Before we begin, remember that a lattice point is a point with integer coordinates.

Now some of you are probably thinking something along the lines of trigonometry. Before we go into some (very messy) calculation, let's stop and think for a while.

What if we had such a pentagon? What would happen?

You might argue that if we had one such pentagon, we can make infinitely many such pentagons (how?). But that doesn't help us.

Now among all these pentagons, take the one that has the least area. Consider the five vectors \(v_i=a_i \hat{i}+b_i \hat{j} \text{ for } i \in \{1, 2, 3, 4, 5\}\) that point from one vertex to the next.

Note that \((a_i)^2+(b_i)^2=k^2,\) where \(k\) is the length of the side of the regular polygon.

Since \(\displaystyle \sum_{i=1}^5 v_i=0\), we must have \(\displaystyle \sum_{i=1}^5 a_i=0\) and \(\displaystyle \sum_{i=1}^5 b_i=0\).

Square the last two equations to get \(\displaystyle \sum_{i=1}^5 (a_i)^2+\displaystyle \sum_{i=1}^5 (b_i)^2+2\displaystyle \sum_{1\leq i< j\leq 5} (a_ia_j +b_ib_j)=0\).

So we see that \( \displaystyle \sum_{i=1}^5 (a_i)^2+\displaystyle \sum_{i=1}^5 (b_i)^2\) has to be even.

\(\displaystyle \sum_{i=1}^5 (a_i)^2+\displaystyle \sum_{i=1}^5 (b_i)^2\) is equal to \(5k^2\). This means \(k^2\) needs to be even and that implies that \(a_i\) and \(b_i\) have the same parity.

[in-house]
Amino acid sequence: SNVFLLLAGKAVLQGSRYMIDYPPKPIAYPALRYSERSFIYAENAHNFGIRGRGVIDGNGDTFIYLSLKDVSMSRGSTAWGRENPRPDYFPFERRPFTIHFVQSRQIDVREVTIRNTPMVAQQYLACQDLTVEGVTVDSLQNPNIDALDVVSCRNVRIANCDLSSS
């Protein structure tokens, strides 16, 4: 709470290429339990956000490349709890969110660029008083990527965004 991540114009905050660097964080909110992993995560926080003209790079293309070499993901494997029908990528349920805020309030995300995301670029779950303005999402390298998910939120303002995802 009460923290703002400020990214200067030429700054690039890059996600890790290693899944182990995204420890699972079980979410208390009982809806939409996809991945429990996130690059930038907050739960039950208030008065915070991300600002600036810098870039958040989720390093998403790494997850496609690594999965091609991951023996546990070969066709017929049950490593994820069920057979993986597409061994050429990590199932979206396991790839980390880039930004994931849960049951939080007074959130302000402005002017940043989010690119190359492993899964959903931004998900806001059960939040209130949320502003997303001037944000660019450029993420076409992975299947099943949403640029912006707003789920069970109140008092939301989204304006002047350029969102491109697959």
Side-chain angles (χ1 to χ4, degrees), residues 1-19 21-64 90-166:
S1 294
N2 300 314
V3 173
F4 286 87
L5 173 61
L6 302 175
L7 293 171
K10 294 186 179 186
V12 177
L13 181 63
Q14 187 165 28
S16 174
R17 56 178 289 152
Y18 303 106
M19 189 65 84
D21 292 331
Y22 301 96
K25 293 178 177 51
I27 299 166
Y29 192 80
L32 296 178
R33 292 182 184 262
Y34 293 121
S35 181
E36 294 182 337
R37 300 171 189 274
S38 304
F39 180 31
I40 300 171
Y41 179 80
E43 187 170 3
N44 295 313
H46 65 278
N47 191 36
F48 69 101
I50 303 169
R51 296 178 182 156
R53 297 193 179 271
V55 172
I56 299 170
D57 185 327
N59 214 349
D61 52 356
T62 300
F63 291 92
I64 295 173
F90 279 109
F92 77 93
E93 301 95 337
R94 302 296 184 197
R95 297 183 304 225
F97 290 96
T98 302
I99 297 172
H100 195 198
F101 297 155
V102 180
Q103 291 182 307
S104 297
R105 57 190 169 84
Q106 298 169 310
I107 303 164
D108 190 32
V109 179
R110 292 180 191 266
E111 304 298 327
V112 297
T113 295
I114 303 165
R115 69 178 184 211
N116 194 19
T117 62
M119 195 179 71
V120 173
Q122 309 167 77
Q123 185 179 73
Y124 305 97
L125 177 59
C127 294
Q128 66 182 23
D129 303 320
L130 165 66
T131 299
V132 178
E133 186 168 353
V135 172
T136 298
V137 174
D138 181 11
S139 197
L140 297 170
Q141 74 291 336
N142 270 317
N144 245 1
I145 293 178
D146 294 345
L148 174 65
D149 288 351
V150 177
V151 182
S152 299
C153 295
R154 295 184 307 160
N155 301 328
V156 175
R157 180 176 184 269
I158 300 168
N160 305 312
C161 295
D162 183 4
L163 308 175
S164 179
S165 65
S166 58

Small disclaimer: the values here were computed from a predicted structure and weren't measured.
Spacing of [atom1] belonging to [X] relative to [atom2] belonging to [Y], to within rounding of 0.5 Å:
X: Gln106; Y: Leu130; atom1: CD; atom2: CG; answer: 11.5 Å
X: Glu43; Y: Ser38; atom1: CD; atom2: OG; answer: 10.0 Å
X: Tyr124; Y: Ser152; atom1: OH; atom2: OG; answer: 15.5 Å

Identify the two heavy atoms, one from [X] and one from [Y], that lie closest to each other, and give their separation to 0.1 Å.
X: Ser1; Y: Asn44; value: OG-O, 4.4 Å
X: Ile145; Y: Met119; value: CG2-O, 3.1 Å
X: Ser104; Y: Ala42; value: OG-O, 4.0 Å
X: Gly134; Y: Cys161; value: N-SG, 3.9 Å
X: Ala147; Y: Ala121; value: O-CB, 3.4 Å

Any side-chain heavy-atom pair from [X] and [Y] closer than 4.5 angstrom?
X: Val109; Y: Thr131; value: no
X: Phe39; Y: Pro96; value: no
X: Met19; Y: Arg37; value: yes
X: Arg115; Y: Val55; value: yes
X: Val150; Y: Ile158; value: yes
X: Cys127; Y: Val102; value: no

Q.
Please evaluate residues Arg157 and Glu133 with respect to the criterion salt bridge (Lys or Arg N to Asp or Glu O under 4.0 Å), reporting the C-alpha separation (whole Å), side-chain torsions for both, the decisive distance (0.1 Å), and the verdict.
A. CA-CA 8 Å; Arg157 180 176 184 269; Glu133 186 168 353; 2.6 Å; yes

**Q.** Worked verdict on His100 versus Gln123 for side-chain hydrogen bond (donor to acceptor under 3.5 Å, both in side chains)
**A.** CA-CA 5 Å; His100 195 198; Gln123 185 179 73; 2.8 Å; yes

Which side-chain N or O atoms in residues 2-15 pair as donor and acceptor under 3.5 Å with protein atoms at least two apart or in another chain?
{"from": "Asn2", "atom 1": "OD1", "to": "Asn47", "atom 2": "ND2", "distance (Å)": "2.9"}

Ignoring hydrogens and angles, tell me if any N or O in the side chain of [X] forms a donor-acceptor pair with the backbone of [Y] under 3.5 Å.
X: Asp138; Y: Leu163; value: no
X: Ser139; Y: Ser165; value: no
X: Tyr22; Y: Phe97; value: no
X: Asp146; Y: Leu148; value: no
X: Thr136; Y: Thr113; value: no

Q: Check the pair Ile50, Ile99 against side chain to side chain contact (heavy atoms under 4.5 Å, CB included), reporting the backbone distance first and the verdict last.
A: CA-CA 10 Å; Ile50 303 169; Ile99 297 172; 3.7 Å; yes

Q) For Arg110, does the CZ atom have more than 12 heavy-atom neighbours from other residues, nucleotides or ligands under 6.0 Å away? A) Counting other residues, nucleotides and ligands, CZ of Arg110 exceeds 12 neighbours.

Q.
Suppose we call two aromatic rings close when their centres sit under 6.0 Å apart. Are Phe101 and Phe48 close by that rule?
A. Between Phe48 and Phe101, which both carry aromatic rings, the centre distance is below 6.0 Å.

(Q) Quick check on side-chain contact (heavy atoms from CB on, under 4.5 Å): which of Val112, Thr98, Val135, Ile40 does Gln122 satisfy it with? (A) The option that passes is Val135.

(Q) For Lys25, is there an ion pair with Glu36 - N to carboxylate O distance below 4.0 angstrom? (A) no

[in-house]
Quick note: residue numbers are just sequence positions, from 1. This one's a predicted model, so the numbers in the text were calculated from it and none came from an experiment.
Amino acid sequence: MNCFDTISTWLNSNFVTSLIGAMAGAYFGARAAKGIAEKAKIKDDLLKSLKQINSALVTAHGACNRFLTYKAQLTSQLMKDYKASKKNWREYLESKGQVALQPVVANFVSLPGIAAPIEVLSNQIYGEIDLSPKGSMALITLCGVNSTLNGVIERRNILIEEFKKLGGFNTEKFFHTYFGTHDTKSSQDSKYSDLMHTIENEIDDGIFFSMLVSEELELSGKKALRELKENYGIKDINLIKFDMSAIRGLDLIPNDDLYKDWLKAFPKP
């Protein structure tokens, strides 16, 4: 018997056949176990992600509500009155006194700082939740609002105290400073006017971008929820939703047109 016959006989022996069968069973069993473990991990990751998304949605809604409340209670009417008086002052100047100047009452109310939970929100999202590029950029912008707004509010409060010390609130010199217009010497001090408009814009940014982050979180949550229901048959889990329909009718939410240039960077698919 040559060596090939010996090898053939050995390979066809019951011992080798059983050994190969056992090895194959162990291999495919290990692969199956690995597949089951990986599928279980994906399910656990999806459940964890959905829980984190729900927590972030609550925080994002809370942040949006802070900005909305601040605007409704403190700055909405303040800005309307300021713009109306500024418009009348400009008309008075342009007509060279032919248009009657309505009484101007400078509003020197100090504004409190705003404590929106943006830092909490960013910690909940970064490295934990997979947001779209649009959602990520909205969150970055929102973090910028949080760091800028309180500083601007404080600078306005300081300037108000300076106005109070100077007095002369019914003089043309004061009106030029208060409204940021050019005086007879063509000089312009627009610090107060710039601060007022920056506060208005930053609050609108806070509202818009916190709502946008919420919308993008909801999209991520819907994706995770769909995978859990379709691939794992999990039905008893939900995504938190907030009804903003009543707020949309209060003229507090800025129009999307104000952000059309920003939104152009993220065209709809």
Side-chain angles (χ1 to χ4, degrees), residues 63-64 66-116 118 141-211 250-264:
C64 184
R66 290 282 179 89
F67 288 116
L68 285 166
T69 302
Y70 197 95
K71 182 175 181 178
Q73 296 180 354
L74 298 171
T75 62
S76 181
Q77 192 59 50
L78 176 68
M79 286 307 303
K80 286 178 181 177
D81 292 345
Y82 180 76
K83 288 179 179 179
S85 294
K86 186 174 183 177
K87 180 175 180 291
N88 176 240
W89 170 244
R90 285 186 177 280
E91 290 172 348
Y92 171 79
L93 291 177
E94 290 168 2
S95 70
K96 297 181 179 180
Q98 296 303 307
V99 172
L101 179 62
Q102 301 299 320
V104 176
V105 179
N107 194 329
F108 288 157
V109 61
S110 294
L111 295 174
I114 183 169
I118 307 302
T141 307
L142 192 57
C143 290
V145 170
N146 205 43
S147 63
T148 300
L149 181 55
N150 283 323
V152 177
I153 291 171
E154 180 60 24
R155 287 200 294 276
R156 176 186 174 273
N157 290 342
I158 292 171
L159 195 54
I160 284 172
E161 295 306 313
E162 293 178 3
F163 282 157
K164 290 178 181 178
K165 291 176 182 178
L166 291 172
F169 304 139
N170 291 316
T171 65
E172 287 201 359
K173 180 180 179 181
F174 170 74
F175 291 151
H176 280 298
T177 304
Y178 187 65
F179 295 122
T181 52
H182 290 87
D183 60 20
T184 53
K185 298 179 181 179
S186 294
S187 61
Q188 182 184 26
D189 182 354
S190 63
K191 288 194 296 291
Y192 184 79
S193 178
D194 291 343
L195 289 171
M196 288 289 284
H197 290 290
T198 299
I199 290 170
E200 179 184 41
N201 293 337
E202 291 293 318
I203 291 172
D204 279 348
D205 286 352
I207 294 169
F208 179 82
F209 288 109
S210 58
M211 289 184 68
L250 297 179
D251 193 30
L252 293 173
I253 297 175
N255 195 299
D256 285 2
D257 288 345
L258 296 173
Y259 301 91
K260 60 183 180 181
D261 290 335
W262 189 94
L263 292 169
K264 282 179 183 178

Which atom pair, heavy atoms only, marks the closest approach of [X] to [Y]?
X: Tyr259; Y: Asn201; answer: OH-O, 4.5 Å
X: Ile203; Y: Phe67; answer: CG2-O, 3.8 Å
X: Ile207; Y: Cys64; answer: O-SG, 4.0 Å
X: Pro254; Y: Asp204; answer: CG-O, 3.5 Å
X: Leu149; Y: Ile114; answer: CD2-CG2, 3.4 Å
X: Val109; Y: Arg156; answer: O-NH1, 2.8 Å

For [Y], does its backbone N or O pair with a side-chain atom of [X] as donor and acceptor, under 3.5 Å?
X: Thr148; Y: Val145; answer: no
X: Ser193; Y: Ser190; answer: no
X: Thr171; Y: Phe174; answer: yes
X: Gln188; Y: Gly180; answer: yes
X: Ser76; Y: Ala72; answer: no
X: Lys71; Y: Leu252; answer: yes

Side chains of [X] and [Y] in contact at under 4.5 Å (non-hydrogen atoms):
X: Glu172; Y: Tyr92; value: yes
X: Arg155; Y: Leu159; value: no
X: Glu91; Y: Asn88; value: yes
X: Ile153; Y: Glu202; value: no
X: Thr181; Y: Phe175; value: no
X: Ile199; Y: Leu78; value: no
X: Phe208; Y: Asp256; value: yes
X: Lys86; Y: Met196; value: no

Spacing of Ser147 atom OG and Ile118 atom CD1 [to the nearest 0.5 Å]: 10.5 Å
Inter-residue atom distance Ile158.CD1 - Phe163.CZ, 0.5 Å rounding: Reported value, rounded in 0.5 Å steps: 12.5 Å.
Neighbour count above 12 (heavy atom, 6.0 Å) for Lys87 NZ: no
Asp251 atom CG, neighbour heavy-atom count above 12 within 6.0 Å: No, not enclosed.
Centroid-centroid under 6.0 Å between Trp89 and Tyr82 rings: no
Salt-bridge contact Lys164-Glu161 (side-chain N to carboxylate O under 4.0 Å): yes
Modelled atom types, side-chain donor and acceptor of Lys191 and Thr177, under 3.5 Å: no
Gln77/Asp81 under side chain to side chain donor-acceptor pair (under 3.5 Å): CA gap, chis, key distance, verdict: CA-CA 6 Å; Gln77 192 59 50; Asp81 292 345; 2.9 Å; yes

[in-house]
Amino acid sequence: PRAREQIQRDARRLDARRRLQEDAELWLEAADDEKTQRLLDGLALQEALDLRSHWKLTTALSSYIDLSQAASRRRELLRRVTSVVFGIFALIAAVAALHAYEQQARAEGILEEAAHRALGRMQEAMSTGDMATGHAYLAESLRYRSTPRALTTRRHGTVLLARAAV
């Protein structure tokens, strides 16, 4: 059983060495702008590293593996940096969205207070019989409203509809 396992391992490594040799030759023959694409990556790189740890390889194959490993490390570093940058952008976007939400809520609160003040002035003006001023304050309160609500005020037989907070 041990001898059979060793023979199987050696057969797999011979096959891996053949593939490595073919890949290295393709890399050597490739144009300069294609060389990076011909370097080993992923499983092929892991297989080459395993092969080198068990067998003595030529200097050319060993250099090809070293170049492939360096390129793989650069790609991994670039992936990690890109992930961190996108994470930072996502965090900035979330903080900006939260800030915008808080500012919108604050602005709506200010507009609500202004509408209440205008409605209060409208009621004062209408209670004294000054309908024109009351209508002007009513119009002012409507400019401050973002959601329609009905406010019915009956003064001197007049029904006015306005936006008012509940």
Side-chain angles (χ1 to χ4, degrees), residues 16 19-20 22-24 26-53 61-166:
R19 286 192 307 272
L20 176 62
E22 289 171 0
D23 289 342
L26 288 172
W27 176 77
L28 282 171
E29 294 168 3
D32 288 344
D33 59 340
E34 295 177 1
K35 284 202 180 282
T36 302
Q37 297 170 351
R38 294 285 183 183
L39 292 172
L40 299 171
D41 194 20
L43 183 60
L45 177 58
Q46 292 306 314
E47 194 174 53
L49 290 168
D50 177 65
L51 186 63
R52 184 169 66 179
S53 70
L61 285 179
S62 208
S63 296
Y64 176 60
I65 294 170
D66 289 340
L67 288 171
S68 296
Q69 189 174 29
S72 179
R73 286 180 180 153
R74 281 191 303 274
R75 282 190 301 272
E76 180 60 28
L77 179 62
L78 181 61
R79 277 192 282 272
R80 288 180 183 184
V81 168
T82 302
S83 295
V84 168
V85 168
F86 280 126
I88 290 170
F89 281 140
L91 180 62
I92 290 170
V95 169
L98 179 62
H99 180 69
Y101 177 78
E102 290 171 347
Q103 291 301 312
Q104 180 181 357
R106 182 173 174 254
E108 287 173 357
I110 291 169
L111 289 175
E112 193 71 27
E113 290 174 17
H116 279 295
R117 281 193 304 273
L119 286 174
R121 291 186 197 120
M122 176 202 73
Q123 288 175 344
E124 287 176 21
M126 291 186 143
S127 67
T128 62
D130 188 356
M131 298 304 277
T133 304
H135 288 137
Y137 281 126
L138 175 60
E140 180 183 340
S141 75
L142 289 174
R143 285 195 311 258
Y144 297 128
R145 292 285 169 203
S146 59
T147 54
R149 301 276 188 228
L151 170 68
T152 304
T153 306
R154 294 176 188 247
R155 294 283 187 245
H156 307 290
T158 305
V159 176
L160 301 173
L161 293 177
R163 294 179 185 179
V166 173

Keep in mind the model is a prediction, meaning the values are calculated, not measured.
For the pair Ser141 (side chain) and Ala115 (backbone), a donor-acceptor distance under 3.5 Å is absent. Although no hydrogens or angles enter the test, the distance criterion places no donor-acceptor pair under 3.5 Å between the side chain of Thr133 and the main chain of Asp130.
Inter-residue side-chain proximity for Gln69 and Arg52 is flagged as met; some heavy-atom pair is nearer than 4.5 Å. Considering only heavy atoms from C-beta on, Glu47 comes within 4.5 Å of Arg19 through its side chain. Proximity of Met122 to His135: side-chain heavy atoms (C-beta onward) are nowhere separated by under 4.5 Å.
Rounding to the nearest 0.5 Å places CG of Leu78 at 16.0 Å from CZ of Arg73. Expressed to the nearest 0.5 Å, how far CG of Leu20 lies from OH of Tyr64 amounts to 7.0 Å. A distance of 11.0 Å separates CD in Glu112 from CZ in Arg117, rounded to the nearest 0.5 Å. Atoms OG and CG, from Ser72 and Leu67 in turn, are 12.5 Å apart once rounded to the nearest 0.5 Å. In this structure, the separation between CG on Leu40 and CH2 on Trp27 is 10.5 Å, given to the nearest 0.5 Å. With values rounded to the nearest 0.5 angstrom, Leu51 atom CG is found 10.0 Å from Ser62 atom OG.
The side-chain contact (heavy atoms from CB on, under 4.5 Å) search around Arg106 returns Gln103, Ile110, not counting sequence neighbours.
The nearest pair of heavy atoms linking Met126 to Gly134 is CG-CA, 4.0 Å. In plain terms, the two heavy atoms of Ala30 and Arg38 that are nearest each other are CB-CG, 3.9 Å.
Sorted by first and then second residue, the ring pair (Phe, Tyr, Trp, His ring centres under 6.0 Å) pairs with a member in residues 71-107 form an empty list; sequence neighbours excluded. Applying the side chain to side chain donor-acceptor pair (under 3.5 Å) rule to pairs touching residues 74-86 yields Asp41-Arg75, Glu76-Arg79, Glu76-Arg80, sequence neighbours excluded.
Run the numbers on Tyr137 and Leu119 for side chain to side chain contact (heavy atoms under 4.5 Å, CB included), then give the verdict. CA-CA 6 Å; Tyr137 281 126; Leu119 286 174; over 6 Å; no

If \(a_1\) and \(b_1\) are both odd, then \(k^2\) is not a multiple of a \(4\). This means all \(a_i\) and \(b_i\) are odd. But if that happens, \(\displaystyle \sum_{i=1}^5 a_i\) can't be equal to zero since you can't get an even number by adding \(5\) odd numbers.

If \(a_1\) and \(b_1\) are both even, then \(4\) divides \(k^2\). This means that all \(a_i\) and \(b_i\) are even. Now we can scale our polygon by \(\frac{1}{2}\) to get another regular pentagon with lattice points as vertices but with a smaller area. That's a contradiction.

So, there can't be such a pentagon. \(_\square\)

Note that this argument works for any regular \(n\)-gon, where \(n\) is odd.

## Additional Problems

1) Prove that a cube cannot be divided into a finite number of smaller cubes, each of different sizes. Also, show that a hypercube cannot be hypercubed.

2) A finite set of points in the plane has the property that the triangle formed by any \(3\) of them has area less than \(1\). Prove that there is a triangle of area \(4\) that contains all the points.

3) Every vertex of a graph \(G\) has degree \(3\). Prove that we can partition the vertices of \(G\) into \(2\) sets \(A\) and \(B\) such that each vertex in \(A\) has at least 2 neighbours in \(B\) and each vertex in \(B\) has at least \(2\) neighbors in \(A.\)

## See Also

**Cite as:**Extremal Principle.